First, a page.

One small thing
Down the dirt path back of the barn and over the hill, in a little glen by the side of Lick Creek was the place I spent much of the summers of my youth. Country life is a busy life in the mornings, but once the milking was done, the milk scalded and put up to cool, the butter churned, the chickens fed, the laundry hung to dry, and the breakfast dishes wiped and put away, there wasn’t much to do ‘til dinnertime, and so I’d wander down to the one cool place on all the prairie and spend long hours there in the quiet of overhanging willows.
It’s possible to have a personal relationship with nature, if you spend enough time getting to know one place, the small secret corners and wide-open obviousness. It got so I’d know how much rain we’d had the night before from the smell of the stream as it slid past. It rained every single night back then, not like nowadays when rain comes down any old time. Lots of things have changed since then.
Back then there were amazing critters you don’t see anymore. As a girl I watched megachigs and uberants digging holes the size of dinner plates into the damp streambanks, looking for food or something to fight. One summer I caught a furmoth. His silken fur shone, his gleaming eyes glittered my reflection as I stroked his head. His burly legs were elephantine, his back broad as a pig’s. His long tongue would curl out between the cage bars, touching my hands when I brought melons for dinner.
That summer I tamed him and we started flying. The first attempts were shaky and short, but soon he was carrying me over miles of fields, swooping low and brushing the tops of the corn with our feet, spraying pollen every which way. We were free as birds, or, I suppose, moths.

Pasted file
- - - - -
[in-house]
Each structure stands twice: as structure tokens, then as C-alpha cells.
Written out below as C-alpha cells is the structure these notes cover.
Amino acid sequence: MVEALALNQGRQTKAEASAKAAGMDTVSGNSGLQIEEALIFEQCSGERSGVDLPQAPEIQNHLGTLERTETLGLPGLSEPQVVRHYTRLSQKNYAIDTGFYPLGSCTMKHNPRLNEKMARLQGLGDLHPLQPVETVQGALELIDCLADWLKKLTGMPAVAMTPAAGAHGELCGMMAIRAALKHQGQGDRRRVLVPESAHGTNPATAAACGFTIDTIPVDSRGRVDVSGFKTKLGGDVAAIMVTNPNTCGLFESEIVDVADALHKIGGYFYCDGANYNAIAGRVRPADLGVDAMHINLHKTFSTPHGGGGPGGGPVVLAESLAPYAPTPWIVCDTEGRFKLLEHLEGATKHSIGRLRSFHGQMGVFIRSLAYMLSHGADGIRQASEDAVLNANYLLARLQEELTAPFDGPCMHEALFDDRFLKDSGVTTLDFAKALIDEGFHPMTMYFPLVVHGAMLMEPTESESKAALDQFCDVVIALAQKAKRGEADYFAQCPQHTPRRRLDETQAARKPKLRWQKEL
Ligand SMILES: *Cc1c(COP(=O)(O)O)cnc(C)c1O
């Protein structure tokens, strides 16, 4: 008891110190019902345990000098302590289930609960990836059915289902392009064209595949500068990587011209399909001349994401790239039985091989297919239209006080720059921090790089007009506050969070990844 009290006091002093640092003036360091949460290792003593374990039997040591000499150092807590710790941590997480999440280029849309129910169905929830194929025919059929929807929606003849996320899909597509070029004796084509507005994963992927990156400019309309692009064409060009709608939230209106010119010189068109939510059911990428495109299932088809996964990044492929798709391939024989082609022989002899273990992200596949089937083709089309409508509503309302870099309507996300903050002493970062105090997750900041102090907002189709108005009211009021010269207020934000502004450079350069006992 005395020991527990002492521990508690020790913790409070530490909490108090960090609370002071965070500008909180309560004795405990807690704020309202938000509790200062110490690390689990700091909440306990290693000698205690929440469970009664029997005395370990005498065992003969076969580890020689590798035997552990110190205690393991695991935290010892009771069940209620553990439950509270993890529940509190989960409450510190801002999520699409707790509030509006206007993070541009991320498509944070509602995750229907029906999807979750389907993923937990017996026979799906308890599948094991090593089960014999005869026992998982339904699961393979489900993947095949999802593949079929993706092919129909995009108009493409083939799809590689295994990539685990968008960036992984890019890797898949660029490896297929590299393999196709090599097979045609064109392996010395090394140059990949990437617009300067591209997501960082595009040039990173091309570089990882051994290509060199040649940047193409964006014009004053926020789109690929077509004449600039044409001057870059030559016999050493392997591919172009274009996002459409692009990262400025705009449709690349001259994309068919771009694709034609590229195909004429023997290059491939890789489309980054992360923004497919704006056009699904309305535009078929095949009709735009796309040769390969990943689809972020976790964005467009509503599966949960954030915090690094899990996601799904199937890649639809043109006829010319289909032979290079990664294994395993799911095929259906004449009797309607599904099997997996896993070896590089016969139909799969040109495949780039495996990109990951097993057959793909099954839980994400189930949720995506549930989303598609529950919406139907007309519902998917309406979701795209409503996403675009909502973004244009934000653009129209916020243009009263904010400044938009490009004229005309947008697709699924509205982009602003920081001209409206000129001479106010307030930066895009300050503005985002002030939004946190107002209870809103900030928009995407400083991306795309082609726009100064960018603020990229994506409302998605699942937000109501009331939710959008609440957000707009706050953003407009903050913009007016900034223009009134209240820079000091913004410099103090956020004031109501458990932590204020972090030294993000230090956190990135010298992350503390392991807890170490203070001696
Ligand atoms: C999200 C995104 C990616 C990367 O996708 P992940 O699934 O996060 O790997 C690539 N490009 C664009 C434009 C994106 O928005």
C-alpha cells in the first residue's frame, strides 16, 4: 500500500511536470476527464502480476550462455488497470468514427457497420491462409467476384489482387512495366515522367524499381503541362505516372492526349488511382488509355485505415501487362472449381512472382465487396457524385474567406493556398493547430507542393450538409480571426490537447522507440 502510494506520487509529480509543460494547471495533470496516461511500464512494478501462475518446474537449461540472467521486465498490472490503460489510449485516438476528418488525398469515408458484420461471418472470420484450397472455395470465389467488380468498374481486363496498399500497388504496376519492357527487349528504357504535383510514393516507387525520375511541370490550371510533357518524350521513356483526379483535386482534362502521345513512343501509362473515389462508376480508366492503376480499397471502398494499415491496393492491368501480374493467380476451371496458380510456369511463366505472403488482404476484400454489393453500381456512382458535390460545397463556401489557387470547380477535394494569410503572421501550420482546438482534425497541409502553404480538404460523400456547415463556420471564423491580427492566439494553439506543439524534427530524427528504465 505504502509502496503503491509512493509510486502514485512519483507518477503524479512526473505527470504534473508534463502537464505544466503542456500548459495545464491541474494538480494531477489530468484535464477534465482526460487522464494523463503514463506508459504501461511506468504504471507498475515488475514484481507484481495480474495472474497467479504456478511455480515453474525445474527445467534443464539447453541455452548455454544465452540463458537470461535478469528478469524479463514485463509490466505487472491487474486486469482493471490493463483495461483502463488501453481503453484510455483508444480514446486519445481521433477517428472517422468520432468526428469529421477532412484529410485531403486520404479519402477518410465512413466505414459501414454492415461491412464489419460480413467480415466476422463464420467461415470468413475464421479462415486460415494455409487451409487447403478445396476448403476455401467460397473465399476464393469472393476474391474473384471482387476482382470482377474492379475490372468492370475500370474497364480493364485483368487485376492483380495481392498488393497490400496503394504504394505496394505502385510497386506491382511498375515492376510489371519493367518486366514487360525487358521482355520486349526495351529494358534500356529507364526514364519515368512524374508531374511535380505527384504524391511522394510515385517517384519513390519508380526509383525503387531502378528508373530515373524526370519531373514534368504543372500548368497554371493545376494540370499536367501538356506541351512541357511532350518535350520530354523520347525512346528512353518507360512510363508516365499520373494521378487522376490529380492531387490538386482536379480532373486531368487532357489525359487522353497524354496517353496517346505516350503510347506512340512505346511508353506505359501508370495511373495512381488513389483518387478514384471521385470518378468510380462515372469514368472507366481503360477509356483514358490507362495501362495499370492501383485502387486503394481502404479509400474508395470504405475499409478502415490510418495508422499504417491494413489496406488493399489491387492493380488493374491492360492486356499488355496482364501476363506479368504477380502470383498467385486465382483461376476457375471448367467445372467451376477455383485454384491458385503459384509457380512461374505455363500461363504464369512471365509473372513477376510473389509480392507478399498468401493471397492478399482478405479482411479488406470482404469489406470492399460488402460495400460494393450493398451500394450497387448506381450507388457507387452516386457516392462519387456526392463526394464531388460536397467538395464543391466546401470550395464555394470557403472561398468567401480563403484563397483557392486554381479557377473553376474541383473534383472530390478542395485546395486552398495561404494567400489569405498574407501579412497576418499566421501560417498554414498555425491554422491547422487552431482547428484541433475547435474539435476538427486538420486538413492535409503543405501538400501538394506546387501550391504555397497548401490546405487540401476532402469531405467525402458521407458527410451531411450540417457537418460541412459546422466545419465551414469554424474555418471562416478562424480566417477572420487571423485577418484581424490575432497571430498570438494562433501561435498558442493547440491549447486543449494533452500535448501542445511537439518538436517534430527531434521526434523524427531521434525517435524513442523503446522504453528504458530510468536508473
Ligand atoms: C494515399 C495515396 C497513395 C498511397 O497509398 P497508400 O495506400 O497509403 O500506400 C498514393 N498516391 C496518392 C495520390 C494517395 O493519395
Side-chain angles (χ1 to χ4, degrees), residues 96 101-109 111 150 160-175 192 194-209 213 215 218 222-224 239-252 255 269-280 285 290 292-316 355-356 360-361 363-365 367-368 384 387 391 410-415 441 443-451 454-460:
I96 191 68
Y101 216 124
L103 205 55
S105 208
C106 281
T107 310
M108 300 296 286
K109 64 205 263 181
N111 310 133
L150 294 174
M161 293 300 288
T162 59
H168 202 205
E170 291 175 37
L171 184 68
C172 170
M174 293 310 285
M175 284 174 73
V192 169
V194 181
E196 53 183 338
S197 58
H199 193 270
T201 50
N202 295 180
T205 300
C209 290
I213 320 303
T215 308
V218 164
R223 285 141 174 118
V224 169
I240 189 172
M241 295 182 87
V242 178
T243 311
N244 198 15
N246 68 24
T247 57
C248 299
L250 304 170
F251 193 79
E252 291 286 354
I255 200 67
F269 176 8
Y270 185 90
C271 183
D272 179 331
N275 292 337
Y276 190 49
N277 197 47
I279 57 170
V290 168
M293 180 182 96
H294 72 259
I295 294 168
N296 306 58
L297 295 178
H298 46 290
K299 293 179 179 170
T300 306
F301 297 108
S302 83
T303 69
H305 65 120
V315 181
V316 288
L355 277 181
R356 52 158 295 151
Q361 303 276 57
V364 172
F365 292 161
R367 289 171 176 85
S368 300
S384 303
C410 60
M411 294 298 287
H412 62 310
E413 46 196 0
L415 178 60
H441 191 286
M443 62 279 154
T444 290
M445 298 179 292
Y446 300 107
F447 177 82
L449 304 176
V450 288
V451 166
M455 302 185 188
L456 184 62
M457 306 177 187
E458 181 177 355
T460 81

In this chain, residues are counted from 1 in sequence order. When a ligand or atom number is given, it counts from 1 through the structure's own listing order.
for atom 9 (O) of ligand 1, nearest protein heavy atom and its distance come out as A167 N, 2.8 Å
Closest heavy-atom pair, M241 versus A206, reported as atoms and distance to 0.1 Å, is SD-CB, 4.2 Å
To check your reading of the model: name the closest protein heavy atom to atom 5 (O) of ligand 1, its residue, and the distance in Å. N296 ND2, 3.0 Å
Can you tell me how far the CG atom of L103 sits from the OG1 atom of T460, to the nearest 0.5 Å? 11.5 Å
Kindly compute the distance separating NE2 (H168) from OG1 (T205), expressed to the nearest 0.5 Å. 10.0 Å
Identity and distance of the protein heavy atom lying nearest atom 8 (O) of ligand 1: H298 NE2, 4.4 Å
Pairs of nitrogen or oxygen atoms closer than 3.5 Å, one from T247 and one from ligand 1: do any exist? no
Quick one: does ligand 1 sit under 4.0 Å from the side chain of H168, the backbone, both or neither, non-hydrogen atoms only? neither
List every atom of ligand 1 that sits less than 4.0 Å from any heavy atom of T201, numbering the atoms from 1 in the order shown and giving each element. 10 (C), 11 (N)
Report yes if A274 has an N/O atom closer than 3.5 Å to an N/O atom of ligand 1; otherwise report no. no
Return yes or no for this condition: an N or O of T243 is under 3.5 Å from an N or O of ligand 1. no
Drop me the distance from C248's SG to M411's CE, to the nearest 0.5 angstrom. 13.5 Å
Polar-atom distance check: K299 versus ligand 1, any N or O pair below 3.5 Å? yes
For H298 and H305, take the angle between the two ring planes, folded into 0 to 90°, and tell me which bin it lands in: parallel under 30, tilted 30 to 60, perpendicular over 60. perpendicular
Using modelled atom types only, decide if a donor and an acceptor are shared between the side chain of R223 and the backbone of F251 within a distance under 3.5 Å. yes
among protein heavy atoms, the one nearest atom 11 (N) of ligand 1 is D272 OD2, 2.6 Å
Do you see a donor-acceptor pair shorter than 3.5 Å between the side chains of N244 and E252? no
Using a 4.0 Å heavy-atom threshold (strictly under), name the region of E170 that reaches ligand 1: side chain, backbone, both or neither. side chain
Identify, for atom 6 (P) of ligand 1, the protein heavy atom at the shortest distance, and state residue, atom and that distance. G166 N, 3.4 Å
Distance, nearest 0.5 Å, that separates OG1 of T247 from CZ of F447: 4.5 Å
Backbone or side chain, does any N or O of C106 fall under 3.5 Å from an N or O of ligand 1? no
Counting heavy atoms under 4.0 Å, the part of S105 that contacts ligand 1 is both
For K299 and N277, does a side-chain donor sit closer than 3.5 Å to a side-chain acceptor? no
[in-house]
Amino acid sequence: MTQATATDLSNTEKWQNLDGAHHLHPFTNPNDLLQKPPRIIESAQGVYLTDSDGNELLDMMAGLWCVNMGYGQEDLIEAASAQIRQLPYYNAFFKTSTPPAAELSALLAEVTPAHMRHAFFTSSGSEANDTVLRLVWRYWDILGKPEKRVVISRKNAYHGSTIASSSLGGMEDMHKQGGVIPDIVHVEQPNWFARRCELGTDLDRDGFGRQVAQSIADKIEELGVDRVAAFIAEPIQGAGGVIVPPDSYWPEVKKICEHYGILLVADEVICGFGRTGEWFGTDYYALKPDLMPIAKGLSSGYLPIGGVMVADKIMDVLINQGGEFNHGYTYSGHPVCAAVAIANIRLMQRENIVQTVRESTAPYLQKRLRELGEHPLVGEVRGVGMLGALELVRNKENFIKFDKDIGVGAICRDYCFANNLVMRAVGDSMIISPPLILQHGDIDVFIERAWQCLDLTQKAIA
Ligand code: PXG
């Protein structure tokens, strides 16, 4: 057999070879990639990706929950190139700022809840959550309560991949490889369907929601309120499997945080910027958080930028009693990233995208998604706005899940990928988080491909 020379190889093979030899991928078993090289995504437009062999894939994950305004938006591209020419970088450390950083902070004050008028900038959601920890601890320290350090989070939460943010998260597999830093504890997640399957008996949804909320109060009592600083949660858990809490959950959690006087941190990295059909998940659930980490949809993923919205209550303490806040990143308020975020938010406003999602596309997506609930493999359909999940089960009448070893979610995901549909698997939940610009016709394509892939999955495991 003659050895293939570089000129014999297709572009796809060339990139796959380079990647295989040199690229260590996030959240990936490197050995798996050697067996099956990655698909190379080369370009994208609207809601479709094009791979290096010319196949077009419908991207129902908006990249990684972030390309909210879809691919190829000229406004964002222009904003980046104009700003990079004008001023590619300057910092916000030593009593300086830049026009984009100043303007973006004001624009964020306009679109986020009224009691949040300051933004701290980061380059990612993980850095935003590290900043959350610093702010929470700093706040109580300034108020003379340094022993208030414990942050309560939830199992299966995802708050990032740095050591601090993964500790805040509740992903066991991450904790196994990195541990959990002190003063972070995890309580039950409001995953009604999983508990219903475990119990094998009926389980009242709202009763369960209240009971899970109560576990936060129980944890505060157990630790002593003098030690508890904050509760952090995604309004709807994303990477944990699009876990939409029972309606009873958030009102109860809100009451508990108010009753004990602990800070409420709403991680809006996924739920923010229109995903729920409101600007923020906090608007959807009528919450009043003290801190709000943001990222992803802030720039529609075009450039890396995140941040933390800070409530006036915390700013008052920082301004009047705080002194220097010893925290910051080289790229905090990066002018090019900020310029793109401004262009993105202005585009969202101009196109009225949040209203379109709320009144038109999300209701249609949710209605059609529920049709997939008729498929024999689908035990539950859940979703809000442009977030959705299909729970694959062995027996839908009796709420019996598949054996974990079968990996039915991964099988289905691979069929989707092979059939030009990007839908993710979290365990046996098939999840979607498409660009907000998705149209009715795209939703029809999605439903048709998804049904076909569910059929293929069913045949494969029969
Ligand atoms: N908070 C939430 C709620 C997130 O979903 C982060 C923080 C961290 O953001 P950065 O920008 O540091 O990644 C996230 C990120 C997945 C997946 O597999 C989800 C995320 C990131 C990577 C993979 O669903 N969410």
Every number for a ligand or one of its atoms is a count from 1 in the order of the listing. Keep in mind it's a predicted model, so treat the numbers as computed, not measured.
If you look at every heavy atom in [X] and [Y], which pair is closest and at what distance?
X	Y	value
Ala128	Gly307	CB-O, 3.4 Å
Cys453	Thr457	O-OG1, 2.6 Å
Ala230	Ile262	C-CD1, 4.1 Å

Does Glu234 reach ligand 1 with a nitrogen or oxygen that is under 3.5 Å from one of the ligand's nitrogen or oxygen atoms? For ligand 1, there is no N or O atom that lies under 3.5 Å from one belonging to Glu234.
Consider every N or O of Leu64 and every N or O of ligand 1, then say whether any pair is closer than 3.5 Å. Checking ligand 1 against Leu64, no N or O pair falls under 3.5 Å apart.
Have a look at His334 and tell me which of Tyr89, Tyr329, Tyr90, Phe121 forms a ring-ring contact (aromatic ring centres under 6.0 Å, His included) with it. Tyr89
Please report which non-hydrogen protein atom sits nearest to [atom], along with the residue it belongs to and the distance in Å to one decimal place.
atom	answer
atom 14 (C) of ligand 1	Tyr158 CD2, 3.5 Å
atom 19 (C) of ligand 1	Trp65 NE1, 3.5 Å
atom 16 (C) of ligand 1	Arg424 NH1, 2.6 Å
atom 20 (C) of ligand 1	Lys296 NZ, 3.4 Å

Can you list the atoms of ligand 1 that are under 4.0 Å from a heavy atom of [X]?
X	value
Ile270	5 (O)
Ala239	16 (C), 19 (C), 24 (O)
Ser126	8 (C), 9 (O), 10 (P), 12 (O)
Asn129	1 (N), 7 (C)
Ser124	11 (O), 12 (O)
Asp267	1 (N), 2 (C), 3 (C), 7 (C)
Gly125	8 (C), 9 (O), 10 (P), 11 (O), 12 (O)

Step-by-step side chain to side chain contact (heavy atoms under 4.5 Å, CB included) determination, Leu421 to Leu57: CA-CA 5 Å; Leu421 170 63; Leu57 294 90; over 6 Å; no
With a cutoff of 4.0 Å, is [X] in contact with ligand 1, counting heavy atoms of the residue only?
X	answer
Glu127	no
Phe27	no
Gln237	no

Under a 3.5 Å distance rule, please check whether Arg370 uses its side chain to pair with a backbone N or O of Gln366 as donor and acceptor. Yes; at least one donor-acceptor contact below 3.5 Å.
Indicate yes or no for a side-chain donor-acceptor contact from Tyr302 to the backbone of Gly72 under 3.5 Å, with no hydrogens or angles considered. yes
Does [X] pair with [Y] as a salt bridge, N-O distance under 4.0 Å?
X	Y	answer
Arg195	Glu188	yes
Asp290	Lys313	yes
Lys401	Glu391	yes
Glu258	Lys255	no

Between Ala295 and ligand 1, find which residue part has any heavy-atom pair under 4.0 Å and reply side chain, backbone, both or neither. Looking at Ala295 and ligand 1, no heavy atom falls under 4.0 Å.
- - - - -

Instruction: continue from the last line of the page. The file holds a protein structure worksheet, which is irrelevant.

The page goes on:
One latesummer day we set out to find the edge of the vast Halfdome that covered our sky and protected our world from The Nothing. Over many hours of flying, the land turned from farm to desert, then to black rock. Dreadful excitement throbbed in my head as we got close enough to touch it. The sea-deep glass was so cold it made me scream, which spooked my poor mount. His wings clattered on the Dome. There was a chinking sound, followed by the smell of stars coming through the tiny crack he’d made. My blood ran cold, icy dread swamped my bowels. A crack in the Dome! This was beyond horrific. My mind spun as I kicked the furmoth’s sides, flying home fast full of desperate fear. Once home, I told no-one of what had occurred, hoping fiercely that everything would be fine. Just one tiny crack, how bad could it be? Nothing please change because of one small crack, I prayed. Please let everything be fine.
That night, there was no rain. Nothing’s been the same since then.
For the Wordsmiths.